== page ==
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Clothing in Literature - Page 3

post #31 of 32
F. Scott Fitzgerald, The Great Gatsby, of course. Beautiful shirts.

Dawn Powell, Angels on Toast. Powell's men on the make dote on their wardrobes (and so does she).

Bret Easton Ellis, American Psycho. You'll get yeas and nays on this one, of course; but I think it's a brilliant novel, and it obviously has a lot of clothing in it.

James Ellroy, American Tabloid. Ellroy's clotheshorse FBI agent Kemper Boyd is always nattily attired and has a memorable exchange with his boss J. Edgar Hoover:

"In fact, you've always dressed distinctively. Perhaps 'expensively' is more apt. To be blunt, there have been times when I wondered how your salary could sustain your wardrobe."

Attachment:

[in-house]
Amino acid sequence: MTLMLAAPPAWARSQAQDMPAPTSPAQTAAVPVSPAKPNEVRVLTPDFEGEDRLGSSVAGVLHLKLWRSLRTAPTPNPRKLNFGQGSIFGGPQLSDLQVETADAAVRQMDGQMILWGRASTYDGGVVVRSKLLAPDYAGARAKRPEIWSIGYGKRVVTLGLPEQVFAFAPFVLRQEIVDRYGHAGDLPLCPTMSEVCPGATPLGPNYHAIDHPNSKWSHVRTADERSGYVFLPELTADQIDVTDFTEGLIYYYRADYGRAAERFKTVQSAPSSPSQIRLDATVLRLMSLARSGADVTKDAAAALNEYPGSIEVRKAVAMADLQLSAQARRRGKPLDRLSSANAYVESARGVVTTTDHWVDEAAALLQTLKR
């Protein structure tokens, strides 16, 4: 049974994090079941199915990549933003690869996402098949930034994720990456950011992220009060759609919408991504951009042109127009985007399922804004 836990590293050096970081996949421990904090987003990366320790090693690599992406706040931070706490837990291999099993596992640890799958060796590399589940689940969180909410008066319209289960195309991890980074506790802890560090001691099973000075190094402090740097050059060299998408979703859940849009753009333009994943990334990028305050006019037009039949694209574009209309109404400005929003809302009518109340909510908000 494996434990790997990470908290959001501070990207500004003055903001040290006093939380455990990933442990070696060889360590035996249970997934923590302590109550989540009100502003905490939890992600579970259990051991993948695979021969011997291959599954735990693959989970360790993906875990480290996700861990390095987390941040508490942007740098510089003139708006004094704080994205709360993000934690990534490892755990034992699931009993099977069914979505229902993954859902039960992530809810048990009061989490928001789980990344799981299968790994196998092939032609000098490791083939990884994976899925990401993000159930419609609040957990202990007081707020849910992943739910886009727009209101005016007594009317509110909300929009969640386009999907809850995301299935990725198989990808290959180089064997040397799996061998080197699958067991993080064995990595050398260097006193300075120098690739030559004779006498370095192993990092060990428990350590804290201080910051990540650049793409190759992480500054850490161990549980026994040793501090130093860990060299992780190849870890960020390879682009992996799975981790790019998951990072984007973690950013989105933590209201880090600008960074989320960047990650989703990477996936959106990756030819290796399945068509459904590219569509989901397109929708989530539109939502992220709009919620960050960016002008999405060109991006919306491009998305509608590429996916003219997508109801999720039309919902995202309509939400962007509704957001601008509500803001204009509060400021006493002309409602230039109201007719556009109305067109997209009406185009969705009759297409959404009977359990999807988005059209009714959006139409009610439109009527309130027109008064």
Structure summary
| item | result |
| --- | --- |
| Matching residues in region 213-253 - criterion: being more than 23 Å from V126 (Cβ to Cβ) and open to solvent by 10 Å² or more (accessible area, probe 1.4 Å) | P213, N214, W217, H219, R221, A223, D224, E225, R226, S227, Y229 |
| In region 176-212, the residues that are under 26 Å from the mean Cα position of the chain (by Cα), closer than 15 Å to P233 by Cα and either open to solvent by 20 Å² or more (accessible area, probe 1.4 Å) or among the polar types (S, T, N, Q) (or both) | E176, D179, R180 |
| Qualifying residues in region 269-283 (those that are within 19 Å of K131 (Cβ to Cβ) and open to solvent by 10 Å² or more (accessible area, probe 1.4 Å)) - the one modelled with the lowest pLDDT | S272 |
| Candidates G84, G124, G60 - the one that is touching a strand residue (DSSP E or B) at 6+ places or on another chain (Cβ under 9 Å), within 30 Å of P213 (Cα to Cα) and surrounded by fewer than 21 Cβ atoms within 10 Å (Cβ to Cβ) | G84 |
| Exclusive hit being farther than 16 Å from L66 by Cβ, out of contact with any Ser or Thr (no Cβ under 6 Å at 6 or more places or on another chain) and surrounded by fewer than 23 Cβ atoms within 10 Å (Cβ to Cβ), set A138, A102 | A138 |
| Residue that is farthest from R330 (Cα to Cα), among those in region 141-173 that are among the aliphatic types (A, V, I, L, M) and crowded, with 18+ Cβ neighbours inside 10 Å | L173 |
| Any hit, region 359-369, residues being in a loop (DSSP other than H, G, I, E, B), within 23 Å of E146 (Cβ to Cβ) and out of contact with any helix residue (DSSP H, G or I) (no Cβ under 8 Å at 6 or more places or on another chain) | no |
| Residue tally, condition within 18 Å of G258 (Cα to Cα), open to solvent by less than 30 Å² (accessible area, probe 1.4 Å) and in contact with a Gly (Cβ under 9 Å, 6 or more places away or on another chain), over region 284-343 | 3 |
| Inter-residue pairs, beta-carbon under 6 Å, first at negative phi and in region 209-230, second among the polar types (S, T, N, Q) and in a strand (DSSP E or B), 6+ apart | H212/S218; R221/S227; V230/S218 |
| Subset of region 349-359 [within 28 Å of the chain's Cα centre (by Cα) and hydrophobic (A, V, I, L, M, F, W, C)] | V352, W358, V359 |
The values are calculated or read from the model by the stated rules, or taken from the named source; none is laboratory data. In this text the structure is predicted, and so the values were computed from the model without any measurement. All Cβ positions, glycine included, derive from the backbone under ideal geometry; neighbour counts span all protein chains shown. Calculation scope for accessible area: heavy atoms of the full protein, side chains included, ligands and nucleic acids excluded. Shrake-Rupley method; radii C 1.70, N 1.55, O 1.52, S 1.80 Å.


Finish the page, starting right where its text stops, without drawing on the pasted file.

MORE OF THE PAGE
"Sir, you should see my apartment. What my wardrobe possesses, it lacks."

Hoover chuckled. "Be that as it may, I doubt I've seen you in the same suit twice. I'm sure the women you're so fond of appreciate your sartorial flair."

"Sir, I hope so."

Rex Stout, Nero Wolfe series. The narrator Archie Goodwin is a terrifically dapper dresser and often gives details of his outfits.
post #32 of 32 has a good selection of literature pertaining to the subject of dandyism, in The Canon.

Also Manton was feautured on Who’s The Dandy? — manton vs. Will
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